The administration of social insurance can be a complicated and confusing process for employers with operations in multiple countries. In this article, we explore social insurance in Hong Kong, India and Singapore to help clarify the key components of compliance across Asia. Social insurance compliance in mainland China is covered here and Vietnam’s social insurance is covered here.
Hong Kong’s Central Provident Fund
While companies are not required to withhold tax from employee income, employers must ensure they contribute to the Mandatory Provident Fund (MPF, Chinese: 强制性公积金or 强积金), a compulsory saving scheme (pension fund) for the retirement of residents in Hong Kong. Most employees and their employers are required to contribute monthly to MPF funding schemes according to both salary and period of employment. Both full and part-time employees in addition to self-employed persons (except those exempt under the Mandatory Provident Funding Schemes Ordinance or MPFSO) are required to participate in the MPF schemes. The maximum monthly contribution that can be required for MPF schemes totals HK$1,250 at the maximum relevant income level of HK$25,000. After an employee has determined which MPF scheme he or she wants to participate in, companies can easily schedule monthly contributions directly to the agent managing the scheme.
India’s Provident Fund Scheme
While much of the Indian population does not participate in the country’s social insurance program known as the Provident Fund Scheme, Indian citizens in the organized sector are entitled to coverage.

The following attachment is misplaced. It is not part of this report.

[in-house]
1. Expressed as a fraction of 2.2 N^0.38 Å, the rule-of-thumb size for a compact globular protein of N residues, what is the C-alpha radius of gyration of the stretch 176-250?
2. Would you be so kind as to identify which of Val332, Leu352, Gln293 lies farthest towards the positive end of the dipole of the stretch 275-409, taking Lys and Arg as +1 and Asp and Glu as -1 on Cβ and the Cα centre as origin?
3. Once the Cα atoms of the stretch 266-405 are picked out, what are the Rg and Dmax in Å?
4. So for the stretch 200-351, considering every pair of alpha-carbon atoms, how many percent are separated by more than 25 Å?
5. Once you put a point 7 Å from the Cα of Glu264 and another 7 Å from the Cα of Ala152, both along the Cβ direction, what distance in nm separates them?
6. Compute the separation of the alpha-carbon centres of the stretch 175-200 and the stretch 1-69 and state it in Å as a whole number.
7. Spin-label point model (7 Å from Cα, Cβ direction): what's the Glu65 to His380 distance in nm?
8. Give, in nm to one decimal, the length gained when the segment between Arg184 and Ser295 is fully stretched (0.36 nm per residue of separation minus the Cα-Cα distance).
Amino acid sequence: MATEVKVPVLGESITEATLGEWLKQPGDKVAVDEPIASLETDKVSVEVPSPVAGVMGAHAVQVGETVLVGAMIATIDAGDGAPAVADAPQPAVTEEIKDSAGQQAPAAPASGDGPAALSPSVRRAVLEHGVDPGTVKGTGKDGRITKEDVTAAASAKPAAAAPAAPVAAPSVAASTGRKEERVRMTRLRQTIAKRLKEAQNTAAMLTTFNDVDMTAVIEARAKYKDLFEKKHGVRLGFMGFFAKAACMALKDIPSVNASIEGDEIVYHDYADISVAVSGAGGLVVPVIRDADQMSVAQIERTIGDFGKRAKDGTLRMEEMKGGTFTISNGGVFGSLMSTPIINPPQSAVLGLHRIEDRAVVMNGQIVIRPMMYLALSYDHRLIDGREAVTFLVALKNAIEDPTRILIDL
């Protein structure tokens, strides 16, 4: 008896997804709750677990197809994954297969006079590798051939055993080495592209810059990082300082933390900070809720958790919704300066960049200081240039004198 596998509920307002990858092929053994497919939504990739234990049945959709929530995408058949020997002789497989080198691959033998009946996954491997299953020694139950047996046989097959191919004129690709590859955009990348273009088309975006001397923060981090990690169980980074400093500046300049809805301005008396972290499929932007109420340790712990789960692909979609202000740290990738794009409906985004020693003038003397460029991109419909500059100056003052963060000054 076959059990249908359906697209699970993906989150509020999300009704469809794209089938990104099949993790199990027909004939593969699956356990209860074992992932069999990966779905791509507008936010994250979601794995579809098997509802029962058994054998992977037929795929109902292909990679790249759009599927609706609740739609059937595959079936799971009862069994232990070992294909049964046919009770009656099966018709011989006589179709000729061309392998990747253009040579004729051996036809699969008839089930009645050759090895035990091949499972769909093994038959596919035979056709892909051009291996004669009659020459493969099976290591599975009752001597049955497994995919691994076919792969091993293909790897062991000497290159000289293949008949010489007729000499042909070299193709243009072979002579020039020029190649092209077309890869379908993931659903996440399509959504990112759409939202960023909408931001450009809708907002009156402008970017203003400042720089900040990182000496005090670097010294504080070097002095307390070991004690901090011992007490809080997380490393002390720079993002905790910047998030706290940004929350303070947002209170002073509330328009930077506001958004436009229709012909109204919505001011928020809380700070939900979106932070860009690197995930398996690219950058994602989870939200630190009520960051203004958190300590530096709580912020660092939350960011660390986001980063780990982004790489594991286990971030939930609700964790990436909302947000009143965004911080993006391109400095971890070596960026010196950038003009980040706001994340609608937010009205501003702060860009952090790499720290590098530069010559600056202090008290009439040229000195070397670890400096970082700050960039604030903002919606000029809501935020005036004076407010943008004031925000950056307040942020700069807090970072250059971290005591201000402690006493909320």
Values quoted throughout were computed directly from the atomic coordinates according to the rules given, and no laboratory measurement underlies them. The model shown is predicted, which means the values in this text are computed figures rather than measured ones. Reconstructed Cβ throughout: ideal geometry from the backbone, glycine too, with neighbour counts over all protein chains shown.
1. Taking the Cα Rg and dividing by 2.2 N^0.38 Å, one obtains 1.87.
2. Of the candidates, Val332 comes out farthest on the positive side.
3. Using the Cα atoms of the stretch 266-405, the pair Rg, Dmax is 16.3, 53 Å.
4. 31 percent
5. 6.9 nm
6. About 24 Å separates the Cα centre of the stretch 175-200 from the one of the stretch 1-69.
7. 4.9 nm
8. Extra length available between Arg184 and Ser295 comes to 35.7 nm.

International workers including expatriates working for an employer in India are also eligible to participate in the Provident Fund Scheme. Employers are required to contribute 12 percent of their employees’ specified salary to the scheme, and contributions must be deposited on a monthly basis by the 15th of the subsequent month.
Singapore’s Central Provident Fund
The Central Provident Fund (CPF), a compulsory comprehensive savings plan, is designed to fund the retirement, healthcare, and housing of permanent residents and working Singaporeans. Administered by the Central Provident Fund Board, a statutory board under the Ministry of Manpower, employers are typically required to contribute 16% of an employee’s monthly salary to the fund while employees must typically contribute 20%. Employers and employees must contribute monthly to CPF schemes managed by approved private organizations, according to both their salary and age.
This article is an excerpt from the January and February 2014 issue of Asia Briefing Magazine, titled “Payroll Processing Across Asia.” In this issue of Asia Briefing Magazine, we provide a country-by-country introduction to how payroll and social insurance systems work in China, Hong Kong, Vietnam, India and Singapore. We also compare three distinct models companies use to manage their payroll across various countries with external vendors, and explain the differences among three main models: country-by-country, managed, and integrated models while highlighting some benefits and drawbacks of each.
Dezan Shira & Associates is a specialist foreign direct investment practice, providing corporate establishment, business advisory, tax advisory and compliance, accounting, payroll, due diligence and financial review services to multinationals investing in emerging Asia. Since its establishment in 1992, the firm has grown into one of Asia’s most versatile full-service consultancies with operational offices across China, Hong Kong, India, Singapore and Vietnam as well as liaison offices in Italy and the United States.
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